Task force rethinks guidelines: recommends men age 55-69 resume prostate cancer screening, with physician input


A reversal of 2012 U.S. Preventative Services Task Force (USPSTF) recommendations— that had called for all men to forego prostate cancer screening— was released this week.

Two- tiered recommendations

USPSTF now suggests men age 55 to 69 should resume discussions of prostate cancer screening with their physician.  Screening would include men who do not have any signs or symptoms of prostate cancer.  USPSTF reversed its recommendations  based on new research that demonstrated a negative impact of their 2012 advice against routine PSA blood testing.

The task force furthermore advises men who have reached age 70 should discontinue screening for prostate cancer, rather than age 75 as previously recommended.  USPSTF cites “moderate or high certainty that the service has no net benefit or that the harms outweigh the benefits.”

Risk groups

According to USPSTF, revised recommendations apply to men in each age group, whether they are at an average risk for prostate cancer, and even men at increased risk, such as African Americans and men with a family history of prostate cancer. USPSTF states there are not enough data to make a different recommendation, even though decision models strongly suggest that African American men have more to gain by screening and may also benefit by starting earlier than the age of 55.

PCFC recommendations

Prostate Cancer Foundation of Chicago (PCFC) champions early detection and concurs in large part with the direction of these recent recommendations.  Yet, we support that men generally begin receiving annual screening at age 50, which is 5 years earlier than recommended by USPSTF.   For men at increased risk for prostate cancer, we recommend screening beginning at age 40, or 15 years earlier than USPSTF advises.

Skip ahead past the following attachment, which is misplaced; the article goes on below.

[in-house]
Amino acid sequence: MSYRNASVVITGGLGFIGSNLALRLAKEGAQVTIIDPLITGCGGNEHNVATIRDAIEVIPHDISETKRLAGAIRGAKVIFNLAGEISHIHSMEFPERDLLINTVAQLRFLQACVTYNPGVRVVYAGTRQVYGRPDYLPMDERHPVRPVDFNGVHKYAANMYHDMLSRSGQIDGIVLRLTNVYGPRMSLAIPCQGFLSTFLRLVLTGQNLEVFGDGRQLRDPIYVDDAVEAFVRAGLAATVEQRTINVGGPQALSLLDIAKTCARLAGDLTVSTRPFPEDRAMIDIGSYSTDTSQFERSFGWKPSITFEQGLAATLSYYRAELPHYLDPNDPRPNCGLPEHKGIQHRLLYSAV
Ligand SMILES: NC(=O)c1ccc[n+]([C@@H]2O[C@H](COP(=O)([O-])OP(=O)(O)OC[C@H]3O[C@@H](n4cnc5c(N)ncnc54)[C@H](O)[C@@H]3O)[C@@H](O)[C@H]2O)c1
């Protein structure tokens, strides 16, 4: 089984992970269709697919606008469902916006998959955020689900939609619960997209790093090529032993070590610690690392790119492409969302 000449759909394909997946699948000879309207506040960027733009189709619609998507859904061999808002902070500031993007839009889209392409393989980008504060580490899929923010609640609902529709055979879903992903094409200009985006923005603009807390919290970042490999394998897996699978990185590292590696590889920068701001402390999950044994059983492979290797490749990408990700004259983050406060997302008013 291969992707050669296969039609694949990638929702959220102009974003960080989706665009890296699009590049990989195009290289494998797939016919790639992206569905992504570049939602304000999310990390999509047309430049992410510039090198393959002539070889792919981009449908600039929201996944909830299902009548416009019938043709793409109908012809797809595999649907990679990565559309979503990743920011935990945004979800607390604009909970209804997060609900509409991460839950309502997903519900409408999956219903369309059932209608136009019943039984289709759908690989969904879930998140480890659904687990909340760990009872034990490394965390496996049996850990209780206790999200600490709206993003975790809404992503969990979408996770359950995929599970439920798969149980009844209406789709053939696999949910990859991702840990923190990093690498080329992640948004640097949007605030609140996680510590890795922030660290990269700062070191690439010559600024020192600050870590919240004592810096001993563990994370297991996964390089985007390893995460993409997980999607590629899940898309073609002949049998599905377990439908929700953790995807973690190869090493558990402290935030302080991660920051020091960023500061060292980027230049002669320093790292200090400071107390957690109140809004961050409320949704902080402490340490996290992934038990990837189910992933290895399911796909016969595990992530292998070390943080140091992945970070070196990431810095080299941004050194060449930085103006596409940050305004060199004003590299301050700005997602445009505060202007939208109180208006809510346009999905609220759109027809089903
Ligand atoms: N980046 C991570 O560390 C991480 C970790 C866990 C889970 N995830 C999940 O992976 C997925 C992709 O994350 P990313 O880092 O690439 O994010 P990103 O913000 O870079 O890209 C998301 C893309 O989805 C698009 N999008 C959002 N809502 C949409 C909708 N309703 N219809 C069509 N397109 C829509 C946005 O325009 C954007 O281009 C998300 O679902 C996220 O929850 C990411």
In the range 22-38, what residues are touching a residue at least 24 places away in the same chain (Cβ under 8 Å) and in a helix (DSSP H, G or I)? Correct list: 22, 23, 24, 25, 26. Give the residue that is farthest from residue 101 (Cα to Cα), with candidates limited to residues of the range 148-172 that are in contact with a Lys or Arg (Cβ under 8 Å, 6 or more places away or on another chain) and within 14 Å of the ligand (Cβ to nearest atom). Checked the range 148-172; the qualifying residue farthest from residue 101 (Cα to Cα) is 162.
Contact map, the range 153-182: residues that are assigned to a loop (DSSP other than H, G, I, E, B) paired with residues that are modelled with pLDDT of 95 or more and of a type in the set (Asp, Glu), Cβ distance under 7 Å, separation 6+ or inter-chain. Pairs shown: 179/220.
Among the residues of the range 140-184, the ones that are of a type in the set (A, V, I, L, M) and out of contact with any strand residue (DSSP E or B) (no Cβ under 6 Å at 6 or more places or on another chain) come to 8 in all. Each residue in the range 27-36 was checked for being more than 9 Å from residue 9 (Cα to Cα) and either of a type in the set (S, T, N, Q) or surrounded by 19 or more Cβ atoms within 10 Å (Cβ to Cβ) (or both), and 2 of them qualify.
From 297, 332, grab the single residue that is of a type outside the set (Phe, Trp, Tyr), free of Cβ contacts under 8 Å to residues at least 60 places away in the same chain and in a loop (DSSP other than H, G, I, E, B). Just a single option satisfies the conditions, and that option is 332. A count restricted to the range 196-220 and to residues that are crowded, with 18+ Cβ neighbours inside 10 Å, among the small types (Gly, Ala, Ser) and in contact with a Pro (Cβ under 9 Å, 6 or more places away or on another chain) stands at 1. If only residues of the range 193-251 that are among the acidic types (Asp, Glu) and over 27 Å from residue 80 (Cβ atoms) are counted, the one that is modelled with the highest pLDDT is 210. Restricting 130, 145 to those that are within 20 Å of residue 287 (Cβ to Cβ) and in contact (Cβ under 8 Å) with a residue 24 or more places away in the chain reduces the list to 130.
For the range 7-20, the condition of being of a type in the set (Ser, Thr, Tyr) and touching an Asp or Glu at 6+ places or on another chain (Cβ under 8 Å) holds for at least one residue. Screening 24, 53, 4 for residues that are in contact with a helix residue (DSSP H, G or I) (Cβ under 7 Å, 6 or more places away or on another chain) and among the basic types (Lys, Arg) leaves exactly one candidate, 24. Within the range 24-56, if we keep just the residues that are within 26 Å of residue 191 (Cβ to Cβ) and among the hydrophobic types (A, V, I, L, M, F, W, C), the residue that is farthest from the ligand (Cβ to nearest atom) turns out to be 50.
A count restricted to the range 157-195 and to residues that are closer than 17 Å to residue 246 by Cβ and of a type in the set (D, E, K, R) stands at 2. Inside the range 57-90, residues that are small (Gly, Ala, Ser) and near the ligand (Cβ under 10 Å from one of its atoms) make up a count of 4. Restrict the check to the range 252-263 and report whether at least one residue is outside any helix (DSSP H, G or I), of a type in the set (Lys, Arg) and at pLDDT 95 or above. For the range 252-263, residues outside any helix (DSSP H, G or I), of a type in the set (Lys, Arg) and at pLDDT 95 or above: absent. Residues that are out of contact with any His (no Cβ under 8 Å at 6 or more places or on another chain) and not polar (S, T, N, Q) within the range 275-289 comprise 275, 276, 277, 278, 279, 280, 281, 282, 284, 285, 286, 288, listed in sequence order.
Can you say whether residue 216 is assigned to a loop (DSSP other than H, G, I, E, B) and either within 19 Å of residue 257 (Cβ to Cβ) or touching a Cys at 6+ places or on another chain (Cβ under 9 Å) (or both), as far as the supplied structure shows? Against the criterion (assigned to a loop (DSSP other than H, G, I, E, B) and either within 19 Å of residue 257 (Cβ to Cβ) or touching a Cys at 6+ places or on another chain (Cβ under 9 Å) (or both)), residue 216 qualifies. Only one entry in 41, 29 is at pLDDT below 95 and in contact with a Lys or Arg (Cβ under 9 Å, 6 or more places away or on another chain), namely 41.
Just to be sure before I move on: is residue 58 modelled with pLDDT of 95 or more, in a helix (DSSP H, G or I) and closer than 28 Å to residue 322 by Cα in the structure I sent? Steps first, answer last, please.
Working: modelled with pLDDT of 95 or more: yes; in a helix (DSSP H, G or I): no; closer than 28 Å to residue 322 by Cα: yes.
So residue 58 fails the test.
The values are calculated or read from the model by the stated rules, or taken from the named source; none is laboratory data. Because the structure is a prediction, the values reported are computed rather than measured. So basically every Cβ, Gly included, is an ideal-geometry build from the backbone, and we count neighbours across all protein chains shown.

Add DRE for greater detection power

Unlike USPSTF, PCFC also promotes prostate cancer screening that further includes digital rectal examination (DRE).   DRE fell out of favor when many physicians stopped offering their patients routine screening.  In combination with PSA, DRE can uncover abnormalities associated with prostate cancer, even with a normal PSA level.

New evidence of benefits for men age 55 to 69

The USPSTF had previously suggested that PSA testing could lead to unnecessary biopsies and treatment of insignificant cancers.  Task force member Alex H. Krist, MD, MPH, in an interview stated, “There is new evidence to suggest that there is slightly more benefit to screening than we thought before in 2012.  The important thing that we are trying to emphasize is that there is a real close balance between benefits and harms,” he said, but the balance has been tipped slightly toward benefit for the age group aged 55 to 69.”

Less screening led to higher grade tumors when detected

Several studies— and the outcry from many urologists and prostate cancer patients— lead USPSTF to reconsider discouraging men from receiving PSA screening.  Quoting K. Fleshner in Nature Reviews Urology , “Since the 2012 recommendation, rates of PSA screening decreased by 3–10% in all age groups and across most geographical regions of the USA.  Rates of prostate biopsy and prostate cancer incidence have declined in unison, with a shift towards tumours being of higher grade and stage upon detection.”

Results of the European Randomized Study of Screening for Prostate Cancer, demonstrated that slightly more men who are screened would not die from prostate cancer than was the case previously (in 2012).  Also from the European trial, longer-term follow-up shows that three men out of 1000 will avoid advanced prostate cancer because of screening.

Genomic testing of tumors informs treatment decisions

A discussion of a possible limitation of prostate cancer screening points to the difficulty of knowing which cancers will be more likely to advance beyond the prostate.  If a man is found to have a prostate tumor, genomic testing is now available for physicians to understand more about the aggressiveness of a patient’s cancer cells and help men make better prostate cancer treatment decisions.

Education is key

Like the USPSTF, PCFC advocates patient education and shared decision making between doctor and patient.  Discussions of the pros and cons of screening, and available treatment options, will continue to be important for men to have with their family and their physician.

For more information on prostate cancer and screening, contact PCFC at 630-654-2515 or visit the PCFC website.    Prostate Cancer Foundation of Chicago advances patient education, by offering free prostate cancer screening and hosting an Informational Patient Support Group.

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